And I agree with you about transitioning to a more elegant knife after you get through the outer barrier!
stevem627
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Re: Pumpkin killer wanted

Post by stevem627 »

I have a Mercer 10 inch that I use whenever in doubt. Hard squash, in general, isn't the time to "enjoy" using my nice knives. I know they would be fine most of the time but I have a tendency (being from Kentucky originally) to have some bourbon in many recipes ;) and don't want to make a stupid mistake.

Like others point out, I switch to regular knives afterwards to finish.
d_rap
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Re: Pumpkin killer wanted

Post by d_rap »

Emieloss wrote: Wed Jan 06, 2021 4:05 am I still have a Sabatier somewhere. Think it's somewhere beat up in a drawer at my parents house. Mind as well sharpen that to cut off the head / butt and cut the pumpkin through so I can take the seeds out. After that one of my japanese knives should have no problems doing the rest.

Thanks guys
I use my sabatier too, particularly when I want to cut an acorn, butternut or pumpkin squash in half, skin on. I frequently start the cut with some soft taps on the knife spine with a wooden mallet.

Once you're cutting up the skinless hard flesh, sweet potatoes, squash, big turnips, whatever, the main thing, particularly if you're using a knife like the shibata, is to make sure the resistance doesn't cause you to push hard into the board at the end of the cut.
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Re: Pumpkin killer wanted

Post by Kalaeb »

I have always used the trusted victorinox for pumpkins and squash. For sweet potato and cabbage I go laser.
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Re: Pumpkin killer wanted

Post by ronnie_suburban »

A virtual relic from an earlier era in my kitchen, I use my 10" Henckels chef knife for tasks like this. I'm not even sure which line it's from but I know that it gets the job done and it's impervious to damage (not that I'd care that much about that, anyway).
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SeattleB
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Re: Pumpkin killer wanted

Post by SeattleB »

I have a Henkels Four Star that I use as a kitchen hatchet. 265mm edge. It's thick and will wedge in squash, but then I can always pound the blade though with a wooden mallet.

A Sawzall works really well for hard squash also (just kidding).
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Re: Pumpkin killer wanted

Post by XexoX »

I've heard mention, on this board I think, that some people will use a bread knife. I guess it saws right through. Never done it myself, the old beater carbon steel no name 240 works just fine for me so far. Haven't even had to use a mallet.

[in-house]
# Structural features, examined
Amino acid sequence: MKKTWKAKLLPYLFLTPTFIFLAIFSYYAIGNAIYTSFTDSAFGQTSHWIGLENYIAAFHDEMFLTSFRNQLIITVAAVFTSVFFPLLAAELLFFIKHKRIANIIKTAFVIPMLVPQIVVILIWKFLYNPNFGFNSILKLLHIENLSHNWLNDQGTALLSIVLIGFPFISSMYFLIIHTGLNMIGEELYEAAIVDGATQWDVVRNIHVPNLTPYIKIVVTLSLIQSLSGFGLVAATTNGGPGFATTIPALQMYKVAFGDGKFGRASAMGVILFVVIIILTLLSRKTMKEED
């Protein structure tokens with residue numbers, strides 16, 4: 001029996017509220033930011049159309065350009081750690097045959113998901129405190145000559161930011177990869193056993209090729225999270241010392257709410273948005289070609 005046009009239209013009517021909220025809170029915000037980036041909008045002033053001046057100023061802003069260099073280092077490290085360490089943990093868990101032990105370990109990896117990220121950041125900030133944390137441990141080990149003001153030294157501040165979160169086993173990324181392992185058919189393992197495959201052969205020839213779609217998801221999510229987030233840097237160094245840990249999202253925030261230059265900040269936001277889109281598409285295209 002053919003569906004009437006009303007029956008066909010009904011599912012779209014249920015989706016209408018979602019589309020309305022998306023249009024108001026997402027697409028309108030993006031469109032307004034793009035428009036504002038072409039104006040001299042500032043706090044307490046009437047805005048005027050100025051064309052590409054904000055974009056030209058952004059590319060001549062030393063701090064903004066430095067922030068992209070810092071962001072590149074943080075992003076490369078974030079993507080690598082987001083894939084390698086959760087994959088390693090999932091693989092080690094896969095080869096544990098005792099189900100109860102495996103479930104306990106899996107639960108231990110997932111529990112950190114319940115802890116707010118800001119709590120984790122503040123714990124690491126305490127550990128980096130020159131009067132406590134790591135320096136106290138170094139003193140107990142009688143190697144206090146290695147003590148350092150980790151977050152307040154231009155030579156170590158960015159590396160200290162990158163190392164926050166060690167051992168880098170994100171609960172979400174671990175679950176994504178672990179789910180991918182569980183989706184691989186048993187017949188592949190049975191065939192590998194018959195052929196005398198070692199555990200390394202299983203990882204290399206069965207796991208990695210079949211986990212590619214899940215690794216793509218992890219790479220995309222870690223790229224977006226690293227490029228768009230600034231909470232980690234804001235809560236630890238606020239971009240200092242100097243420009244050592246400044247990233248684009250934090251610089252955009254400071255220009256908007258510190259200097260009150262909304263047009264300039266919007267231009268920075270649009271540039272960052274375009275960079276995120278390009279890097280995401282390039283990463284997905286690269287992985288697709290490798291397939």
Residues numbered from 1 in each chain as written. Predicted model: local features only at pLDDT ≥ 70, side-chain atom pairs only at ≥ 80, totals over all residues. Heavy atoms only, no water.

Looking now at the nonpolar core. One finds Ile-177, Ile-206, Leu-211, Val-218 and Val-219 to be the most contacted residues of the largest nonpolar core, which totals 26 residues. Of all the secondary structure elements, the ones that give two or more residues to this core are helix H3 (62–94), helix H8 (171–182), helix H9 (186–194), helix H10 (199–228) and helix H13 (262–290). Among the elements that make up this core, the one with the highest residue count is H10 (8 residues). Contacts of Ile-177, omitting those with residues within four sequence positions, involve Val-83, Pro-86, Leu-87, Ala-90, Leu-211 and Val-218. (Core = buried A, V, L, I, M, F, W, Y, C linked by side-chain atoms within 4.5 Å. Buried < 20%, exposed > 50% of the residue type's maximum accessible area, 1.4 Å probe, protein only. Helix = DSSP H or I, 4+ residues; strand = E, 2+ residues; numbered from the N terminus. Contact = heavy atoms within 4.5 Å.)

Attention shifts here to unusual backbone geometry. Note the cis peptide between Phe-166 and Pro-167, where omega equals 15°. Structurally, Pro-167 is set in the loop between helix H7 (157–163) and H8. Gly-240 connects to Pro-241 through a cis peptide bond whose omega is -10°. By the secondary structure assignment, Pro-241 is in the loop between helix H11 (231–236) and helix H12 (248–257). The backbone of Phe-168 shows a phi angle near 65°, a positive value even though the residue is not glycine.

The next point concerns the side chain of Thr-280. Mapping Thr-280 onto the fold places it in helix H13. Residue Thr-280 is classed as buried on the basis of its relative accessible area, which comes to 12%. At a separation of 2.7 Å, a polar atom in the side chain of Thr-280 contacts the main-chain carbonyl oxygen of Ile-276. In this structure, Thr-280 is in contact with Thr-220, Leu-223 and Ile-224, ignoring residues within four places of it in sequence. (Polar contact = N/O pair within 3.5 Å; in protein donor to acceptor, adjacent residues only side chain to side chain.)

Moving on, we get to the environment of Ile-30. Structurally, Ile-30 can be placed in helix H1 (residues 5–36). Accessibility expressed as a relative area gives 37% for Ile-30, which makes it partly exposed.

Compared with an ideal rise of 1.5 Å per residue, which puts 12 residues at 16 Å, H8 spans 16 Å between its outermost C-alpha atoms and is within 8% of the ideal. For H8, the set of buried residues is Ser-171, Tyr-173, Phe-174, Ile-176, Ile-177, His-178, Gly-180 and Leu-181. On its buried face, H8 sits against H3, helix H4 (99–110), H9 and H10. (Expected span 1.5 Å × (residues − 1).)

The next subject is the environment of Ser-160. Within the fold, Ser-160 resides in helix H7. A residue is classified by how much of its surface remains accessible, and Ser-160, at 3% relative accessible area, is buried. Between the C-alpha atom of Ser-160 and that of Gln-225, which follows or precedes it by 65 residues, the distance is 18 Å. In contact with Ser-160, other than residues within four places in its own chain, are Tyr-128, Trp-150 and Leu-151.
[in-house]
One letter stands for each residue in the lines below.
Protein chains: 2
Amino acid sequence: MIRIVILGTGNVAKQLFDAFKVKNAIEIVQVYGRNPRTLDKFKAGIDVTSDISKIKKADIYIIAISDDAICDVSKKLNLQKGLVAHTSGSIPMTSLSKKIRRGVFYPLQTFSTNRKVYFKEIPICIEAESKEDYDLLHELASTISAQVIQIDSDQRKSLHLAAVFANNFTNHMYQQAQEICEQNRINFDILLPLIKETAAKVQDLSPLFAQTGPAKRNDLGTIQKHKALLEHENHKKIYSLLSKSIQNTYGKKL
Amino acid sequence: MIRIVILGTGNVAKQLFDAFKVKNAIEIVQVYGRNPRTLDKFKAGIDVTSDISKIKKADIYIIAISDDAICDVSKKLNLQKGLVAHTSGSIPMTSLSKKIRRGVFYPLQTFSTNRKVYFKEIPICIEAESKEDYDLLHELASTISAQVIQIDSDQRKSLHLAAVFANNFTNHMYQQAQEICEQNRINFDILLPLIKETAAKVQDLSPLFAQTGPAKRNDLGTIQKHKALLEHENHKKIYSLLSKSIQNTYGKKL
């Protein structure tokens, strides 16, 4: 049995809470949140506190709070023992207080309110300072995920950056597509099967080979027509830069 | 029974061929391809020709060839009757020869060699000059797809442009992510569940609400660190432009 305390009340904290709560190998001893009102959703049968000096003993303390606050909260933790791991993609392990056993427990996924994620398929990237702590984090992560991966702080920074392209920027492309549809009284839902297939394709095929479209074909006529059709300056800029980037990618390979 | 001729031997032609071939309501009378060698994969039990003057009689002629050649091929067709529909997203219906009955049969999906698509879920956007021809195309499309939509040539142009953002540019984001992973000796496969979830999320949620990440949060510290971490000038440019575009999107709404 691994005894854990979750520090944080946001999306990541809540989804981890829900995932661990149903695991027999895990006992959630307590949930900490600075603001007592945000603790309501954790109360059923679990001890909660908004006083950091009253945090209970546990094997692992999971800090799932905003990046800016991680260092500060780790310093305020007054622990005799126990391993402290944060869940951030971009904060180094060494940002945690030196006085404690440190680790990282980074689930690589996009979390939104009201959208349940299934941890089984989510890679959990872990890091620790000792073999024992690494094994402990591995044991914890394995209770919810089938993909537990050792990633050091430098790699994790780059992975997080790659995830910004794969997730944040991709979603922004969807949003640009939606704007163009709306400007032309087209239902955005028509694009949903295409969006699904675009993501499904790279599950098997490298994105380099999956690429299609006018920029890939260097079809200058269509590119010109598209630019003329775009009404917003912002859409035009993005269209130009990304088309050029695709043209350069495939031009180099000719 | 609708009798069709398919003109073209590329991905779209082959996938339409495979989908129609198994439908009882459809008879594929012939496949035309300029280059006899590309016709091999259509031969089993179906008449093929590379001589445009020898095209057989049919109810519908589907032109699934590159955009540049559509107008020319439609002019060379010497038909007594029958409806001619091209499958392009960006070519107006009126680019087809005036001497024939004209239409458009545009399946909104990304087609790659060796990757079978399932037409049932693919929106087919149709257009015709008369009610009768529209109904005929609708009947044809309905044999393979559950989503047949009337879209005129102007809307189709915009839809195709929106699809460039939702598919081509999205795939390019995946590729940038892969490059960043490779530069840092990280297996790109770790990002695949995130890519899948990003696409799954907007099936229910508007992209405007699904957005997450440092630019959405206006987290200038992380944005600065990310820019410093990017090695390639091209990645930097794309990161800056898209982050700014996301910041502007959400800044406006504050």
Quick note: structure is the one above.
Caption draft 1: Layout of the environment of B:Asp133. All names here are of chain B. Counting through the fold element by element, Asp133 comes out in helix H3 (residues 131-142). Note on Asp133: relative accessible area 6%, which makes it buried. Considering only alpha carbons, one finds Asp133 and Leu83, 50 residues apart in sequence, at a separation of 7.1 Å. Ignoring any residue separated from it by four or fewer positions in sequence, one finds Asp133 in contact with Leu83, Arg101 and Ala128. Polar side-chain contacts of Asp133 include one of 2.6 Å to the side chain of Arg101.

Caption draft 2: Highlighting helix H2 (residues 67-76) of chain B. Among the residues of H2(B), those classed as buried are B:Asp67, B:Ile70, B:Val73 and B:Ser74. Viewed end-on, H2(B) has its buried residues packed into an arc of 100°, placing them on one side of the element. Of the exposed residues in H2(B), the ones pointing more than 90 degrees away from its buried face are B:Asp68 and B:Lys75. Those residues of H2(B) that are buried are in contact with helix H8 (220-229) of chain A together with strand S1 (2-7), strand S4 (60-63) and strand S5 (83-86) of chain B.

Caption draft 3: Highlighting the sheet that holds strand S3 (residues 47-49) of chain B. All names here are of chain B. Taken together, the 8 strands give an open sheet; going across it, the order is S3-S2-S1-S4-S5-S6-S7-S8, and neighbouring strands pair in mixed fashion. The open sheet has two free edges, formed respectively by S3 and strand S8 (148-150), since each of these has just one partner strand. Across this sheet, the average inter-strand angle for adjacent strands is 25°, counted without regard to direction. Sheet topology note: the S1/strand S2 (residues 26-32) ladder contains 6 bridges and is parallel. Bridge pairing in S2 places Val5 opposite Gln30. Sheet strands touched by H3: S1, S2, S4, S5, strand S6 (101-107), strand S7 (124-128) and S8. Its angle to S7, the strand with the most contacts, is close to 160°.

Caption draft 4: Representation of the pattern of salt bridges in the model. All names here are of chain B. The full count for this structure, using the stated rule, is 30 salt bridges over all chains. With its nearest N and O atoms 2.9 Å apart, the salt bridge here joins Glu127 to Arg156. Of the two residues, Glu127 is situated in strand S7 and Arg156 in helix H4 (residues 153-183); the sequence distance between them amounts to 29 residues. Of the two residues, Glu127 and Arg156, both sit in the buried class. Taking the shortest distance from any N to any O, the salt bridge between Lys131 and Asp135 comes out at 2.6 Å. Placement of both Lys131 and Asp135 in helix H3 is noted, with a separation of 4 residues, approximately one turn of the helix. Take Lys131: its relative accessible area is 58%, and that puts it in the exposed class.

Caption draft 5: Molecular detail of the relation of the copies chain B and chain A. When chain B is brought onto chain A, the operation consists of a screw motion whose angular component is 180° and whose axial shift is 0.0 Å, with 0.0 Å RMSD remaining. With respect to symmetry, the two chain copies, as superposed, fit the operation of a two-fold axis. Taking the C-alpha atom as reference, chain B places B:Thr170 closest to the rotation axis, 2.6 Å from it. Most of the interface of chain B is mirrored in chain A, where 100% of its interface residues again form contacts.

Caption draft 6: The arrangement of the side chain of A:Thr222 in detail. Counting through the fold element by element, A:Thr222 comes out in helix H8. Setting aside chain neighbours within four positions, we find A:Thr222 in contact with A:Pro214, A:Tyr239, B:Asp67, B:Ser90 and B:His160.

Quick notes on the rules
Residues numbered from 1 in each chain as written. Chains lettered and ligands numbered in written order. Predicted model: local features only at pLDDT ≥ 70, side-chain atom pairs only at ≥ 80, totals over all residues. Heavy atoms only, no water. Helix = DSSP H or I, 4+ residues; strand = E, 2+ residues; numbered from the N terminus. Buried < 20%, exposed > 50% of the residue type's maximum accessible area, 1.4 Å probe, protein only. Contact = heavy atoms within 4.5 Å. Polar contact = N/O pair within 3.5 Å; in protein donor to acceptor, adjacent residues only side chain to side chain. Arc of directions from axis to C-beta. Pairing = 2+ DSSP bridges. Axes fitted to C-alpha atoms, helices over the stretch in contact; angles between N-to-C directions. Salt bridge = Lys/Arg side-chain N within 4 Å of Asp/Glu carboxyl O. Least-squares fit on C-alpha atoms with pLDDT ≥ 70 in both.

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d_rap
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Re: Pumpkin killer wanted

Post by d_rap »

XexoX wrote: Wed Jan 06, 2021 6:46 pm Haven't even had to use a mallet.
Yeah not necessary but it helps to push in for that first cut through very thick skin if you're keeping the skin on say for roasting halves of acorn squash.
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Re: Pumpkin killer wanted

Post by XexoX »

d_rap wrote: Wed Jan 06, 2021 7:42 pm
XexoX wrote: Wed Jan 06, 2021 6:46 pm Haven't even had to use a mallet.
Yeah not necessary but it helps to push in for that first cut through very thick skin if you're keeping the skin on say for roasting halves of acorn squash.
I bow to your superior experience in all matters squash. I will admit, I've only used it on butternut squash. Cut just fine. But then maybe I had thin skinned ones. I'll be growing them this year, several different varieties, so I'll find out. I'll even store them and see what happens after a few months.
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Re: Pumpkin killer wanted

Post by d_rap »

Yeah I didn't mean to come off like that it's just a little hack that I have found really helpful and we do squash around here all the time. My wife grew a bunch of butternut that is pretty thin-skinned but the acorns and the pumpkins I have a hard time getting my sabatier or Victorinox in for that first cut. A lot of times I peel them, cut them in chunks, and roast them and that's different. And really once you're just cutting the actual squash flesh even the finest blades go right through.
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XexoX
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Re: Pumpkin killer wanted

Post by XexoX »

d_rap wrote: Wed Jan 06, 2021 8:03 pm Yeah I didn't mean to come off like that it's just a little hack that I have found really helpful and we do squash around here all the time. My wife grew a bunch of butternut that is pretty thin-skinned but the acorns and the pumpkins I have a hard time getting my sabatier or Victorinox in for that first cut. A lot of times I peel them, cut them in chunks, and roast them and that's different. And really once you're just cutting the actual squash flesh even the finest blades go right through.
Hey, no apology necessary. I didn't think you did, and my attempt at humor came over wrong. I don't people well, and it is worse in the written word for me. I just don't read people or social situations well and at 62, it ain't gonna get better. Mea culpa. And a mallet would help on those hard skinned ones. I've read a hatchet or an axe can work well too, but that seems pretty extreme, but maybe needed.
You can blame Mr. Suburban for my being here. :lol:
The thing about quotes on the internet is you can not confirm their validity. -- Abraham Lincoln
All steels are equal if you can't keep them sharp. -- Jeff B.